• Women's Giant Slalom: Lara Gut-Behrami (SUI)
  • Women's Slalom: Wendy Holdener (SUI)


World Cup podium finishes in the 2021/22 season


1st places (17)

  • Vincent Kriechmayr (AUT) 3: Downhill Wengen, Downhill Courchevel, Super-G Courchevel
  • Sara Hector (SWE) 3: Giant Slalom Courchevel, Giant Slalom Kranjska Gora, Giant Slalom Kronplatz
  • Lara Gut-Behrami (SUI) 2: Super-G St. Moritz, Downhill Altenmarkt-Zauchensee
  • Atle Lie McGrath (NOR) 2: Slalom Flachau, Slalom Meribel
  • Matthias Mayer (AUT) 1: Downhill Lake Louise
  • Beat Feuz (SUI) 1: Downhill Kitzbühel
  • Johannes Strolz (AUT) 1: Slalom Adelboden
  • Elena Curtoni (ITA) 1: Super-G Cortina
  • Corinne Suter (SUI) 1: Downhill Garmisch-Partenkirchen
  • Cornelia Hütter (AUT) 1: Super-G Garmisch-Partenkirchen
  • Ragnhild Mowinckel (NOR) 1: Super-G Courchevel


2nd places (20)

  • Matthias Mayer (AUT) 3: Super-G Beaver Creek, Downhill Beaver Creek, Super-G Val Gardena
  • Alexis Pinturault (FRA) 2: Giant Slalom Val d’Isere, Slalom Madonna di Campiglio
  • Lara Gut-Behrami (SUI) 2: Giant Slalom Sölden, Super-G Lake Louise
  • Ragnhild Mowinckel (NOR) 2: Super-G Val d’Isere, Downhill Crans Montana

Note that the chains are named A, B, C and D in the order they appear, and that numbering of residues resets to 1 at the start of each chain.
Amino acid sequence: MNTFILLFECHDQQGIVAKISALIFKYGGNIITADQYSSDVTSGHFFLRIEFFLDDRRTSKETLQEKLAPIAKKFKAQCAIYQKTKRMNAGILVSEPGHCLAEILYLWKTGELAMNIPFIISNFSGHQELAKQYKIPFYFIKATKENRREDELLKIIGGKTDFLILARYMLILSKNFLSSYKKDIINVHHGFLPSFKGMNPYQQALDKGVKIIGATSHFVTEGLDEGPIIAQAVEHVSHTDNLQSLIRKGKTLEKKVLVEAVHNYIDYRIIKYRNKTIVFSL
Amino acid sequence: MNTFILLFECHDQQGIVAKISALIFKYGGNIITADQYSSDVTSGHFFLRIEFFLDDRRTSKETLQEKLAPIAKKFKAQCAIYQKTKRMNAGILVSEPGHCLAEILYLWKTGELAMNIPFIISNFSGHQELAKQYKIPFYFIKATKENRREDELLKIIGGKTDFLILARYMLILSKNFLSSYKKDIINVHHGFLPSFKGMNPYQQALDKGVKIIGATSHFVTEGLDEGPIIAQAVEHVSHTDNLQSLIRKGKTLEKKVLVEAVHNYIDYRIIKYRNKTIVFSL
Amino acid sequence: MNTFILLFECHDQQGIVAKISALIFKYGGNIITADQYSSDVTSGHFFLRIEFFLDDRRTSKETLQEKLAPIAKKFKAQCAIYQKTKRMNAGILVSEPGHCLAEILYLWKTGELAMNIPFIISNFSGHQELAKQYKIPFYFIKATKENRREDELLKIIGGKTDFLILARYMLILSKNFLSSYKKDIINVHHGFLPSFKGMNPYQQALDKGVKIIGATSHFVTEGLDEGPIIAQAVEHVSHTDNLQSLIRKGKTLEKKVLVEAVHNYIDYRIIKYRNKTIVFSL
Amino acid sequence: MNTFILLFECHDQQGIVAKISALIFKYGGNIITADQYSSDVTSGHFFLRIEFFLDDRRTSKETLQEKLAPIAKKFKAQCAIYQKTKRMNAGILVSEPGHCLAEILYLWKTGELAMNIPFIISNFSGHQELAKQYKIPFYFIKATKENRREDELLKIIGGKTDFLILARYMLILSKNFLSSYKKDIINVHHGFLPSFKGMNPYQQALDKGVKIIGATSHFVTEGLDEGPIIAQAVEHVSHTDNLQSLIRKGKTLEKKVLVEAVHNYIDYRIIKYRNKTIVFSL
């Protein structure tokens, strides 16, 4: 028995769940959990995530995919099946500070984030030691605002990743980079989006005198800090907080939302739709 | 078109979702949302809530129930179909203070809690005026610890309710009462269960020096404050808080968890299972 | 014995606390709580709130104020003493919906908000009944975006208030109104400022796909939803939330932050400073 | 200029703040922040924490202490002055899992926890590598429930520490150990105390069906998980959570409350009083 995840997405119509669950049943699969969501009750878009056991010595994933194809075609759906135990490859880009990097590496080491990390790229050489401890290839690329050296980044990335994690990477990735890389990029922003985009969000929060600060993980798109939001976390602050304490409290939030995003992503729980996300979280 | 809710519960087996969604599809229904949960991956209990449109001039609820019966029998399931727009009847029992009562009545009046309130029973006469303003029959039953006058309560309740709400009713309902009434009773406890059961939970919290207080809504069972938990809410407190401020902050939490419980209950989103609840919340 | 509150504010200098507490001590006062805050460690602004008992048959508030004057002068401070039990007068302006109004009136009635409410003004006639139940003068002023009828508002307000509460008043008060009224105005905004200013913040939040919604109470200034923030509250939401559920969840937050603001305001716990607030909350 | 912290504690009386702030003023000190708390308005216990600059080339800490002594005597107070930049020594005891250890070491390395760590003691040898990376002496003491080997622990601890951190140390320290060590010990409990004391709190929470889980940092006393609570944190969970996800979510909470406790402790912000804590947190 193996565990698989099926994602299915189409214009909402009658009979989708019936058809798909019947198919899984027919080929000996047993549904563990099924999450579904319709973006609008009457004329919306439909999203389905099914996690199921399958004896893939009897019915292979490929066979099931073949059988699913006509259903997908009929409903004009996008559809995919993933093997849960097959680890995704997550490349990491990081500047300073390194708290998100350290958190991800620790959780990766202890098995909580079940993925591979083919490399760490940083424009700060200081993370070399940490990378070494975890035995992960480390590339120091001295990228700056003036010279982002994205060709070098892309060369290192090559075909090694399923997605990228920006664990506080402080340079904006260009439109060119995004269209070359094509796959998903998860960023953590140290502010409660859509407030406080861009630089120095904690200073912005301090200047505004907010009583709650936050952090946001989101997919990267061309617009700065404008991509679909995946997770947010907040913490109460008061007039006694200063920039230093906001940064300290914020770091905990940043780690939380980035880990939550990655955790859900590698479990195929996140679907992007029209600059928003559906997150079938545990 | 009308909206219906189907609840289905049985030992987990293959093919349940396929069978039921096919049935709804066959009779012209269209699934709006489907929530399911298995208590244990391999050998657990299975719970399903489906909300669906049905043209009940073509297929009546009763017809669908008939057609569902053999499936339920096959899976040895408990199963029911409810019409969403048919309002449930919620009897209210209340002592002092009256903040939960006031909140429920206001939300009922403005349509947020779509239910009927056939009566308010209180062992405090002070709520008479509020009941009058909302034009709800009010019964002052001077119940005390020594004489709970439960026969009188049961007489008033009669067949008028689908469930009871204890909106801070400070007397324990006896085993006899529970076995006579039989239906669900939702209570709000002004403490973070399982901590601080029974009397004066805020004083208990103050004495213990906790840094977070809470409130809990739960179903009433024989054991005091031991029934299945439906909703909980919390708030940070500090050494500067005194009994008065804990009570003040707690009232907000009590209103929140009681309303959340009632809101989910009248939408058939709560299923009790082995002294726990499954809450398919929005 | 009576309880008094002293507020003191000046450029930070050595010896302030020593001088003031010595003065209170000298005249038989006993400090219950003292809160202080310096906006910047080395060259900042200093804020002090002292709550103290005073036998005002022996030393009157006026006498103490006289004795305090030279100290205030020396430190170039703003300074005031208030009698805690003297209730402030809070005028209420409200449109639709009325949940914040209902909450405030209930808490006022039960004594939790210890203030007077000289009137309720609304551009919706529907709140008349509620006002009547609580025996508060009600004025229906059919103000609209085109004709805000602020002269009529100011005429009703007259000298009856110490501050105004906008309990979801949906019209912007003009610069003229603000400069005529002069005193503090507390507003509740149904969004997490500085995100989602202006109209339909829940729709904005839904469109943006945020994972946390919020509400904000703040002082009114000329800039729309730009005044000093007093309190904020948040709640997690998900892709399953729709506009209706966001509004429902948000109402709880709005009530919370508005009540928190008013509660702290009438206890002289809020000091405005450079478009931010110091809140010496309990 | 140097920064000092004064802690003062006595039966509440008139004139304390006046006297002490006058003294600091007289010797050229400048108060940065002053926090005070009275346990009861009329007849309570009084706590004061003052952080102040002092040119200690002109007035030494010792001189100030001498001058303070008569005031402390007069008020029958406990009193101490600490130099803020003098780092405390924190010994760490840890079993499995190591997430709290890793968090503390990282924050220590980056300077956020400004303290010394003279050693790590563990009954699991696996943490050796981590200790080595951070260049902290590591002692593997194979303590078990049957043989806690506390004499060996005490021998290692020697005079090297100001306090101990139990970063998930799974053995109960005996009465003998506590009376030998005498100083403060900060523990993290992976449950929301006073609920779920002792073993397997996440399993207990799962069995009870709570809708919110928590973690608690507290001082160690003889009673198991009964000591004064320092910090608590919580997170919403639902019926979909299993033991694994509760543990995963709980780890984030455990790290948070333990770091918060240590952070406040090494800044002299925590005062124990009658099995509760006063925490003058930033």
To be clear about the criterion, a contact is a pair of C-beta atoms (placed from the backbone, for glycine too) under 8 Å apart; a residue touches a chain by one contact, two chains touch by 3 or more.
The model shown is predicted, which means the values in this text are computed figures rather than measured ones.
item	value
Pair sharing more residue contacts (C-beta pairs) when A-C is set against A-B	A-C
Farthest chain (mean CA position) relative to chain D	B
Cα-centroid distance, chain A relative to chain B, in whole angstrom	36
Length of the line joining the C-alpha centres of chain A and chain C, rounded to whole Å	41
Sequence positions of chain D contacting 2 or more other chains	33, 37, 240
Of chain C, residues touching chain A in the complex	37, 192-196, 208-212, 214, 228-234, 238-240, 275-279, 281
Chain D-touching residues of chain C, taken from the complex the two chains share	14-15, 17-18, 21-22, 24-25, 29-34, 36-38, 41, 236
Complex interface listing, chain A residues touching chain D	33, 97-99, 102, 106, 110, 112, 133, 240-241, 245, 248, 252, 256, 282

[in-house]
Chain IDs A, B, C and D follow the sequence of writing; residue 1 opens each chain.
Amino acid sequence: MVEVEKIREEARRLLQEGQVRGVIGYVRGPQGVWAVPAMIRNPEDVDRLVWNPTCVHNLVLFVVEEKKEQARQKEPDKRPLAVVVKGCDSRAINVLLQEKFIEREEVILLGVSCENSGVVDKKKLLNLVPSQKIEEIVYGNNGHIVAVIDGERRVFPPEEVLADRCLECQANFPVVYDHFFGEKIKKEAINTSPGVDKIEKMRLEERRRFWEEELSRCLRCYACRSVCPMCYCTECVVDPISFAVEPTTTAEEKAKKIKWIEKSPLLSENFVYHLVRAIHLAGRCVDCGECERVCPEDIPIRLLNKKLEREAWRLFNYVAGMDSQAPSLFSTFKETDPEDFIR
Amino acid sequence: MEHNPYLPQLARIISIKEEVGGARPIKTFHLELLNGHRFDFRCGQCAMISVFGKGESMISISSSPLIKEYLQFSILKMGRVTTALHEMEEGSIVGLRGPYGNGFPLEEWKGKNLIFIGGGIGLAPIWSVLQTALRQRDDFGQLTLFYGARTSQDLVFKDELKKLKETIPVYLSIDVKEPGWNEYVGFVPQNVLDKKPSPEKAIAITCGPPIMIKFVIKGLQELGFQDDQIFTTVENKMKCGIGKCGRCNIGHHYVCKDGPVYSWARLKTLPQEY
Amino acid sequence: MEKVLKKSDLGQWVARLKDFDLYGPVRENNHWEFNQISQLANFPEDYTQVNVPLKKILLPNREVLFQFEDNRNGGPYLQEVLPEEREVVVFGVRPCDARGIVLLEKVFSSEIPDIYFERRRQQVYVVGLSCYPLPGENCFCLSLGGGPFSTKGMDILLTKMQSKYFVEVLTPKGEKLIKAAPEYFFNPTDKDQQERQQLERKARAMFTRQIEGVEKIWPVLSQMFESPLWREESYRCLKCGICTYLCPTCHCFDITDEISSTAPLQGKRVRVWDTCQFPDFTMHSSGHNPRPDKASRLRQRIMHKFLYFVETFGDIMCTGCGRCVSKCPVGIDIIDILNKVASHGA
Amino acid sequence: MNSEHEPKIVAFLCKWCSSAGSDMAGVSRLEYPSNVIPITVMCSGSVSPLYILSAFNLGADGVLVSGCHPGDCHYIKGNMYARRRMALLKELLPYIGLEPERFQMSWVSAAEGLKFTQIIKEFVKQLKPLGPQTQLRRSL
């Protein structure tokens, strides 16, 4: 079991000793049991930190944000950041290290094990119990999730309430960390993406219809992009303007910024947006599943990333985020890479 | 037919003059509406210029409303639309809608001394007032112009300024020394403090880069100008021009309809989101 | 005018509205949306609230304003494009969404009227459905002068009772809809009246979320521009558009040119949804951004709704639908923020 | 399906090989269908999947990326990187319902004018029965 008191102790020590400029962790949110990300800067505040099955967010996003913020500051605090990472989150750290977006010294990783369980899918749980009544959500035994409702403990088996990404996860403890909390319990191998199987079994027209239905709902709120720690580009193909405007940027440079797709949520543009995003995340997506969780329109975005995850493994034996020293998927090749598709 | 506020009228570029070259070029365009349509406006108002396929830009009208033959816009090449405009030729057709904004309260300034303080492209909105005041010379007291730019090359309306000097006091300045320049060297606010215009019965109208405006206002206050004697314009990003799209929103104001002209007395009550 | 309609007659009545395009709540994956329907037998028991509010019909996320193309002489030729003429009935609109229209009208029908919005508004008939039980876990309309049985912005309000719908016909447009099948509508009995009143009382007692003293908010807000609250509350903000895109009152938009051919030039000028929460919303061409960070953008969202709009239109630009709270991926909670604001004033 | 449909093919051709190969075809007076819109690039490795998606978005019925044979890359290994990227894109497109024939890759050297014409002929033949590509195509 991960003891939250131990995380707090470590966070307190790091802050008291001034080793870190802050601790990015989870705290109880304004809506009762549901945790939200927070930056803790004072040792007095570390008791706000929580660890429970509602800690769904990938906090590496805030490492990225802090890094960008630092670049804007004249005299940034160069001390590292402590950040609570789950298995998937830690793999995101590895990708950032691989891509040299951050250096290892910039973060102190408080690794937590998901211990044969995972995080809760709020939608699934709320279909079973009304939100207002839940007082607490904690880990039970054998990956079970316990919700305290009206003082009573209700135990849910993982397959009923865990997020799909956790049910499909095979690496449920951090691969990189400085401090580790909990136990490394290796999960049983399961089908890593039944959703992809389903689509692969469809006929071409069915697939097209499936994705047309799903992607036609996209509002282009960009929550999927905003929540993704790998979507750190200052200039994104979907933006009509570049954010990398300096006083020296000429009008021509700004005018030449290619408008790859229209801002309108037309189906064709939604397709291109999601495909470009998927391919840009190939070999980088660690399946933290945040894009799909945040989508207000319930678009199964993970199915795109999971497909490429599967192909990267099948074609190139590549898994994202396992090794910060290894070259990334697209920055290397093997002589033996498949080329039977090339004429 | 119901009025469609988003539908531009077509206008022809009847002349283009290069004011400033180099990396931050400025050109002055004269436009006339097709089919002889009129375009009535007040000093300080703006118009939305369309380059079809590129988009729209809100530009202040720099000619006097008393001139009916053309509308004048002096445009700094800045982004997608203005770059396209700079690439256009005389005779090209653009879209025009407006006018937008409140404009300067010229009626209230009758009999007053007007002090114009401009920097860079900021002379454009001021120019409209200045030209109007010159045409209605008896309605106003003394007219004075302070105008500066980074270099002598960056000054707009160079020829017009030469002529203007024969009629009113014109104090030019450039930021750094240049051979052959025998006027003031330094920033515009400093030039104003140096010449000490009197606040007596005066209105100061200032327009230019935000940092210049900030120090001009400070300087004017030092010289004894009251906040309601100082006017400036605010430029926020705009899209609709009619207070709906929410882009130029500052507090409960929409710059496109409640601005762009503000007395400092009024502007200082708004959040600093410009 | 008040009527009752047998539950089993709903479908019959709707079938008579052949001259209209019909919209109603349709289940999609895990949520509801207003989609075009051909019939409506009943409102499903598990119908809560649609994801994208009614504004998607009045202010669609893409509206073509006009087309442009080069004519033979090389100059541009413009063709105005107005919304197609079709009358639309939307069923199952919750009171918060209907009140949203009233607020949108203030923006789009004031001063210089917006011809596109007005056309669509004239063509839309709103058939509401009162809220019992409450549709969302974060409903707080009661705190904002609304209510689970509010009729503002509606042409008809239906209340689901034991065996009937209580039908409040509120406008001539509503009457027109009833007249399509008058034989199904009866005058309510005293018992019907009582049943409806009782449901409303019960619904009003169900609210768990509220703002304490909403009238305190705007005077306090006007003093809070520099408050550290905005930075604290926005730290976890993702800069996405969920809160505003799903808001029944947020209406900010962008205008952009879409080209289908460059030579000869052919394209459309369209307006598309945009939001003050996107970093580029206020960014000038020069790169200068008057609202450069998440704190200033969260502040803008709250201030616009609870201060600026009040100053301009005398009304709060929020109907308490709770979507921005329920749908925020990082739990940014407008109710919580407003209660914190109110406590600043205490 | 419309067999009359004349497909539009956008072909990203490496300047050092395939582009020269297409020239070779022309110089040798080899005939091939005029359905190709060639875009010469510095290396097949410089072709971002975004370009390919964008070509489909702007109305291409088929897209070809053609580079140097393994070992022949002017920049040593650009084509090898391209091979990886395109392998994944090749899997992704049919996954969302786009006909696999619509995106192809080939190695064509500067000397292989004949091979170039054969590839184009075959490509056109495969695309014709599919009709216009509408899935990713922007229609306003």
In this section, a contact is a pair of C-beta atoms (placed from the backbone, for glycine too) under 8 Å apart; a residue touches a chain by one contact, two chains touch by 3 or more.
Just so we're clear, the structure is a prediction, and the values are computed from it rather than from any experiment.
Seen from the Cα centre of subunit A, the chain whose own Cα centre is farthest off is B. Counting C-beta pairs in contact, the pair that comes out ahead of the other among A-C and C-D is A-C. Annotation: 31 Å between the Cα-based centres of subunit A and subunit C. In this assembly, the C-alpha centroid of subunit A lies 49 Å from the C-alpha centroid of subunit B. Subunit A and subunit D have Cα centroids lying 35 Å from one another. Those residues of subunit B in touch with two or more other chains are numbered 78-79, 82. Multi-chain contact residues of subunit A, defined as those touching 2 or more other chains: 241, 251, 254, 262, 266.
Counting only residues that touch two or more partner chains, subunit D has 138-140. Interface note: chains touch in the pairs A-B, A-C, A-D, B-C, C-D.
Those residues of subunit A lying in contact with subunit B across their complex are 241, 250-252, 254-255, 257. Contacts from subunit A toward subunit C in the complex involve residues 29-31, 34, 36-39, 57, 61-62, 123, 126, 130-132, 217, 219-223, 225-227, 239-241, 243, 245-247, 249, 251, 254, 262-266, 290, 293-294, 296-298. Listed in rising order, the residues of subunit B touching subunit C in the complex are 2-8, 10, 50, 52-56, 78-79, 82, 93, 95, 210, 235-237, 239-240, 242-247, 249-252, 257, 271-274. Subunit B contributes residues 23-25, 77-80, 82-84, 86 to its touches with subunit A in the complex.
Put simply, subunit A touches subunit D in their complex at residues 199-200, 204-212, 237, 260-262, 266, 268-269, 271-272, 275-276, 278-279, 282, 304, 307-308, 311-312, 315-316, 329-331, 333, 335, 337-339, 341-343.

• Vincent Kriechmayr (AUT) 1: Downhill Lake Louise
  • Beat Feuz (SUI) 1: Downhill Wengen
  • Johan Clarey (FRA) 1: Downhill Kitzbühel
  • Atle Lie McGrath (NOR) 1: Slalom Schladming
  • James Crawford (CAN) 1: Super-G Kvitfjell
  • Elena Curtoni (ITA) 1: Super-G St. Moritz
  • Sara Hector (SWE) 1: Giant Slalom Courchevel
  • Wendy Holdener (SUI) 1: Slalom Kranjska Gora
  • Corinne Suter (SUI) 1: Super-G Altenmarkt-Zauchensee
  • Christine Scheyer (AUT) 1: Downhill Courchevel
  • Lena Dürr (GER) 1: Slalom Meribel


3rd places (27)

  • Beat Feuz (SUI) 5: Downhill Lake Louise, Downhill Beaver Creek, Downhill Wengen, Downhill Kvitfjell, Downhill Courchevel
  • Lena Dürr (GER) 3: Slalom Levi (2x), Slalom Schladming
  • Matthias Mayer (AUT) 3: Super-G Wengen, Downhill Kvitfjell, Super-G Kvitfjell
  • Vincent Kriechmayr (AUT) 2: Super-G Val Gardena, Super-G Bormio
  • Sara Hector (SWE) 2: Giant Slalom Lienz, Giant Slalom Lenzerheide
  • Cornelia Hütter (AUT) 2: Downhill Garmisch-Partenkirchen, Downhill Crans Montana
  • Atle Lie McGrath (NOR) 1: Parallel Giant Slalom Lech-Zürs
  • Broderick Thompson (CAN) 1: Super-G Beaver Creek
  • Alexander Schmid (GER) 1: Giant Slalom Alta Badia
  • Alexis Pinturault (FRA) 1: Giant Slalom Adelboden
  • Wendy Holdener (SUI) 1: Slalom Killington
  • Corinne Suter (SUI) 1: Downhill Lake Louise
  • Elena Curtoni (ITA) 1: Super-G Val d’Isere
  • Anna Swenn-Larsson (SWE) 1: Slalom Kranjska Gora
  • Ariane Rädler (AUT) 1: Super-G Altenmarkt-Zauchensee
  • Lara Gut-Behrami (SUI) 1: Super-G Lenzerheide